TransEnterix, a medical device company that is pioneering the use of robotics to improve minimally invasive surgery, announced that it has expanded the clinical adoption of the Senhance Robotic Surgical System to include a full range of hernia repair surgeries.
Hernia repairs represent one of the largest procedural opportunities for the Senhance. Millennium Research Group has estimated that during 2017, there will be a total of 1,080,400 hernia repair surgeries in Europe1 and 1,156,300 hernia repair surgeries in the United States2.
“Robotic hernia repair with the Senhance system represents a significant procedural area for our technology,” said Todd M. Pope, President and CEO of TransEnterix.
“Hernia repairs, both inguinal and ventral, are amongst the most common surgical procedures performed worldwide. These procedures also represent one of the fastest growing uses of robotics in surgery.
“The introduction of Senhance to provide robotic assistance in these procedures brings a system with haptic feedback and attractive procedural costs to these operations for the first time.”
St. Marien-Krankenhaus Siegen in Germany, a major hernia repair center in Germany that performs over 500 hernia repairs annually, was the first site to begin using the Senhance for unilateral and bilateral inguinal hernia repairs as well as ventral hernia repairs.
Dr. Dietmar Stephan and Prof. Dr. Frank Willeke performed up to three robotic hernia surgeries per day with the Senhance during the first weeks of its clinical use at the hospital. This allows the team to adopt Senhance to include the day’s full operating schedule.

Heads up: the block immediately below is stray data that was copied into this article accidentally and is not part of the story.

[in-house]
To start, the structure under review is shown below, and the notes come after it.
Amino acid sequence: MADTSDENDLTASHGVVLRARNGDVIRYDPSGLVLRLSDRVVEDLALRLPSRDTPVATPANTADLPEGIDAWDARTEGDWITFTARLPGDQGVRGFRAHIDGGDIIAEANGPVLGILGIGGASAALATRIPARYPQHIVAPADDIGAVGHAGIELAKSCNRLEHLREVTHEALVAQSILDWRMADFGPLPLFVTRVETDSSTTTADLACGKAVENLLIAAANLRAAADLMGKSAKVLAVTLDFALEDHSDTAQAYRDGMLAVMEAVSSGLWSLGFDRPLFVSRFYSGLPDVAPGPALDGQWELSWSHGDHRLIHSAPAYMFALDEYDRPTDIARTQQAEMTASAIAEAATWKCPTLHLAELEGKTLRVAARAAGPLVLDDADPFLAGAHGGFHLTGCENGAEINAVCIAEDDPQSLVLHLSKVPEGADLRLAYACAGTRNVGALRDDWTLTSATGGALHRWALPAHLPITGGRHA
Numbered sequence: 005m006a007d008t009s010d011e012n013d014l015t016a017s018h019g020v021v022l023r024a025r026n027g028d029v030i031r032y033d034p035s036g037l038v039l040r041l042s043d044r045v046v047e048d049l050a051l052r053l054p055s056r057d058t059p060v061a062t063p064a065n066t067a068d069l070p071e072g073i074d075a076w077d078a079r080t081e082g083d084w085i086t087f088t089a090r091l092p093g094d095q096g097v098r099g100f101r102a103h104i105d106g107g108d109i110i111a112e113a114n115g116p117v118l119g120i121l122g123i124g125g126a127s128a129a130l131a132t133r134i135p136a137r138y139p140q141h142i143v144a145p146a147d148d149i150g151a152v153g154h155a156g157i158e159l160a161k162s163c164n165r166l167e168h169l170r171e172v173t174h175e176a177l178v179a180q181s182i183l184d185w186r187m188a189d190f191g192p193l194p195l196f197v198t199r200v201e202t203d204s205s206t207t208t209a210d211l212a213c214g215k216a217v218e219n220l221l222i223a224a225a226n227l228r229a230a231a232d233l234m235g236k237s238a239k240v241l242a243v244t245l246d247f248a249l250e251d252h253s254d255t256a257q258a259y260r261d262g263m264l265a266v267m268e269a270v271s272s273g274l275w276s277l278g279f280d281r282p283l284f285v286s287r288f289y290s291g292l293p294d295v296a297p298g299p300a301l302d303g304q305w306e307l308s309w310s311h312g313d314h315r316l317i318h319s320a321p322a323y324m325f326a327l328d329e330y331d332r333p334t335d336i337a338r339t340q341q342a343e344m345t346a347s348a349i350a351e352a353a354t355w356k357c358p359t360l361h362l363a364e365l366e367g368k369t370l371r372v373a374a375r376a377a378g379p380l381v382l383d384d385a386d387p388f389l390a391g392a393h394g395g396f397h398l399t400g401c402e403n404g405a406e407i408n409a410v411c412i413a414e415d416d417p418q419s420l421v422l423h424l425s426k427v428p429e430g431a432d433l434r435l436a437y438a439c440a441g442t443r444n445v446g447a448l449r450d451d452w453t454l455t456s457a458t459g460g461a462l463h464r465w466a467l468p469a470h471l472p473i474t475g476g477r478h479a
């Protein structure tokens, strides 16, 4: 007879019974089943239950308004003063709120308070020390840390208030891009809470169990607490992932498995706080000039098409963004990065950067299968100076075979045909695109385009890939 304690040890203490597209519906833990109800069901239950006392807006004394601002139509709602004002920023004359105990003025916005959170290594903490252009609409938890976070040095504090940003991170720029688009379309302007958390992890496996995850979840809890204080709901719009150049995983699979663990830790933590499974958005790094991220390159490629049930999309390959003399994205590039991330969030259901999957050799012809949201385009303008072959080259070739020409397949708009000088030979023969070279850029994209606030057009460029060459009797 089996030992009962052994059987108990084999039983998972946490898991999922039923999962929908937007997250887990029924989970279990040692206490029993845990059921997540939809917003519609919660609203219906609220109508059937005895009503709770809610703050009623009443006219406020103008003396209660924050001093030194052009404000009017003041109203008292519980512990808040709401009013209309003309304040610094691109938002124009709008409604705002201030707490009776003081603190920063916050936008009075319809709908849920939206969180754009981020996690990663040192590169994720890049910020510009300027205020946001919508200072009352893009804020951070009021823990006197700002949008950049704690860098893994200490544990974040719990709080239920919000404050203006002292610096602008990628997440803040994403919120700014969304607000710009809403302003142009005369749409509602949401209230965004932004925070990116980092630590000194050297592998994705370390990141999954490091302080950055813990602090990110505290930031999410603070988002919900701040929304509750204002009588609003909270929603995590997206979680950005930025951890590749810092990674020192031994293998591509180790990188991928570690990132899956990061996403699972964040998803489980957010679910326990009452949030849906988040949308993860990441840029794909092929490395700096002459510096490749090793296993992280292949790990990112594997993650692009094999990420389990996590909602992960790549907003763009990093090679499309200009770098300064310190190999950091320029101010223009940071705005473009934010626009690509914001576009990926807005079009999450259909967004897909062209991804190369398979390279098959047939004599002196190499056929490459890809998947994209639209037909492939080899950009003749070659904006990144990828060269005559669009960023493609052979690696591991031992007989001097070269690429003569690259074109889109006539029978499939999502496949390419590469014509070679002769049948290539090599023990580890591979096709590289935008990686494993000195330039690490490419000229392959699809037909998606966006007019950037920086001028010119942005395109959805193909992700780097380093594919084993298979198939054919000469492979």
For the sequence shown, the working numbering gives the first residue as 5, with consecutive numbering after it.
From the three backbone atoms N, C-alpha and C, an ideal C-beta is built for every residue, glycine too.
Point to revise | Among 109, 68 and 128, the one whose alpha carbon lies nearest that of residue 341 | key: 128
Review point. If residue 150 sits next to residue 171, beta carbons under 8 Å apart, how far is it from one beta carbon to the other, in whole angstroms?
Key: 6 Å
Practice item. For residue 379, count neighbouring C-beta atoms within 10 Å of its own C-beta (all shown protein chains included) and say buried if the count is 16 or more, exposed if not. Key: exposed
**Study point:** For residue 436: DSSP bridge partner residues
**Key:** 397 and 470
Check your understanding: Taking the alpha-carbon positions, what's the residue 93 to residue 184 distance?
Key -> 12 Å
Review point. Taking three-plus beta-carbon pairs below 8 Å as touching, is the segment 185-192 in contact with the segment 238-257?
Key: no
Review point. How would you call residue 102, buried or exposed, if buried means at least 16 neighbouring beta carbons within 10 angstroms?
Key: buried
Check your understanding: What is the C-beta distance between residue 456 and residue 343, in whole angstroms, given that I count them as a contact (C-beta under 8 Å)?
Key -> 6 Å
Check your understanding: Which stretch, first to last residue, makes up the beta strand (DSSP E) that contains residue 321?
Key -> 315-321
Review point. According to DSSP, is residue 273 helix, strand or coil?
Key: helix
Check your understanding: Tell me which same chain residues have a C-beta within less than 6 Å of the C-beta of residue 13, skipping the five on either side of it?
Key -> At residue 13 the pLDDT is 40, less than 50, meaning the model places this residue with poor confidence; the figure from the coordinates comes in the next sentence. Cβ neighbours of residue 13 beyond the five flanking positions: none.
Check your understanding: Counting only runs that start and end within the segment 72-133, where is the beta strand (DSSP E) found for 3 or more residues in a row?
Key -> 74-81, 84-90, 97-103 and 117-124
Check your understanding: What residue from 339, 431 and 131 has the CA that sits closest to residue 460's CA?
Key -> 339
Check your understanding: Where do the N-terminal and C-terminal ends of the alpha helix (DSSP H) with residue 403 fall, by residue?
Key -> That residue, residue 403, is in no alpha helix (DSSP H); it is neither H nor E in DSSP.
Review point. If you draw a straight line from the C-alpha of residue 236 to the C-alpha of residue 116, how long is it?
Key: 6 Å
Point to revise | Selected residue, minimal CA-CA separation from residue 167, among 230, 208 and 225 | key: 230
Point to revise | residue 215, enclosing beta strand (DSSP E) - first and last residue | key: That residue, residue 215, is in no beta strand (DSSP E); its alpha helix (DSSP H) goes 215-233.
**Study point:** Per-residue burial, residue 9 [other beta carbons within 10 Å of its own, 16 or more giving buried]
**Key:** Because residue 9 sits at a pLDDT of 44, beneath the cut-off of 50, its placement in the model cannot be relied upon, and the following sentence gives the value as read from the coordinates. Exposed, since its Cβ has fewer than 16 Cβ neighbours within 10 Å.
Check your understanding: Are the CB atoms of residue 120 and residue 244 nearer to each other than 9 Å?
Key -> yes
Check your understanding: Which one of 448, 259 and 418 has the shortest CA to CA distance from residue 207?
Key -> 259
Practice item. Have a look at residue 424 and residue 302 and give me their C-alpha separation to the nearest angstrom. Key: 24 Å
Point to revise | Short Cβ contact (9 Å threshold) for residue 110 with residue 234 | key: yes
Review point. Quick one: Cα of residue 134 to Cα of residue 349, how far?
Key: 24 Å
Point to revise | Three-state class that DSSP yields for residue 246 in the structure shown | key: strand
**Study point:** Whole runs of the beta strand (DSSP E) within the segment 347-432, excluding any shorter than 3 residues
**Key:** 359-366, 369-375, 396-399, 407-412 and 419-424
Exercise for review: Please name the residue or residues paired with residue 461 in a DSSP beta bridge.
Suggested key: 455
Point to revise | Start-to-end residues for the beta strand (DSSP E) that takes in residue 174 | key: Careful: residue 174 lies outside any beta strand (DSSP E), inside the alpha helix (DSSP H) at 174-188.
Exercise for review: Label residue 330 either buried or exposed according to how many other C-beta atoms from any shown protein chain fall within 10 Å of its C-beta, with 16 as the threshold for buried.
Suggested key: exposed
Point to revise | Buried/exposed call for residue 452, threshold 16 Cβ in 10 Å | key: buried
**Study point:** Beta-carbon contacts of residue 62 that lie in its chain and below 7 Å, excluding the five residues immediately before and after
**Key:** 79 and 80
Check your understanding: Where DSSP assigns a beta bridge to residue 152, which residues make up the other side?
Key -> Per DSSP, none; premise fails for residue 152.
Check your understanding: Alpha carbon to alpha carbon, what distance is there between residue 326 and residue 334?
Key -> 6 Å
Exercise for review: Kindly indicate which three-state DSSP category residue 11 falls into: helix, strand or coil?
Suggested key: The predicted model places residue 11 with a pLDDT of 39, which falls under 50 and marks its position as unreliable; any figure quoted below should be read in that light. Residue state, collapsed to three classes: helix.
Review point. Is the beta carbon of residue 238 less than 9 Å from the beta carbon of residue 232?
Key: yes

“We are pleased to offer robotic hernia repair utilizing the Senhance Robotic System, and all our operations utilizing this advanced technology have been performed with precision, safety and efficiency. The 3D visualization and precise control of the robotic instruments and camera are very helpful during delicate surgical tasks.
“ The haptic feedback of the system is vital, and it allows me to feel the location of critical structures such as the pubic bone which aren’t always visible,” said Dr. Dietmar Stephan, Director of the Center for Minimally Invasive Surgery at St. Marien.
“The Senhance is a significant progression in the field of minimally invasive hernia repair, and allows me to fully incorporate robotics into my hernia practice without having to justify high additional procedural costs.”
TransEnterix will be exhibiting the Senhance Surgical System at two major surgical conferences: The Society of American Gastrointestinal and Endoscopic Surgeons in Houston, Texas which will be held March 22-25, 2017, and the Kongress Deutsche Gesellschaft für Chirurgen, the largest general surgery meeting in Germany, in Munich being held March 21-23, 2017.
The Senhance will be available for surgeon evaluations at both events, and Dr. Dietmar Stephan will be discussing his technique of robotic hernia repair with Senhance at the German surgical meeting.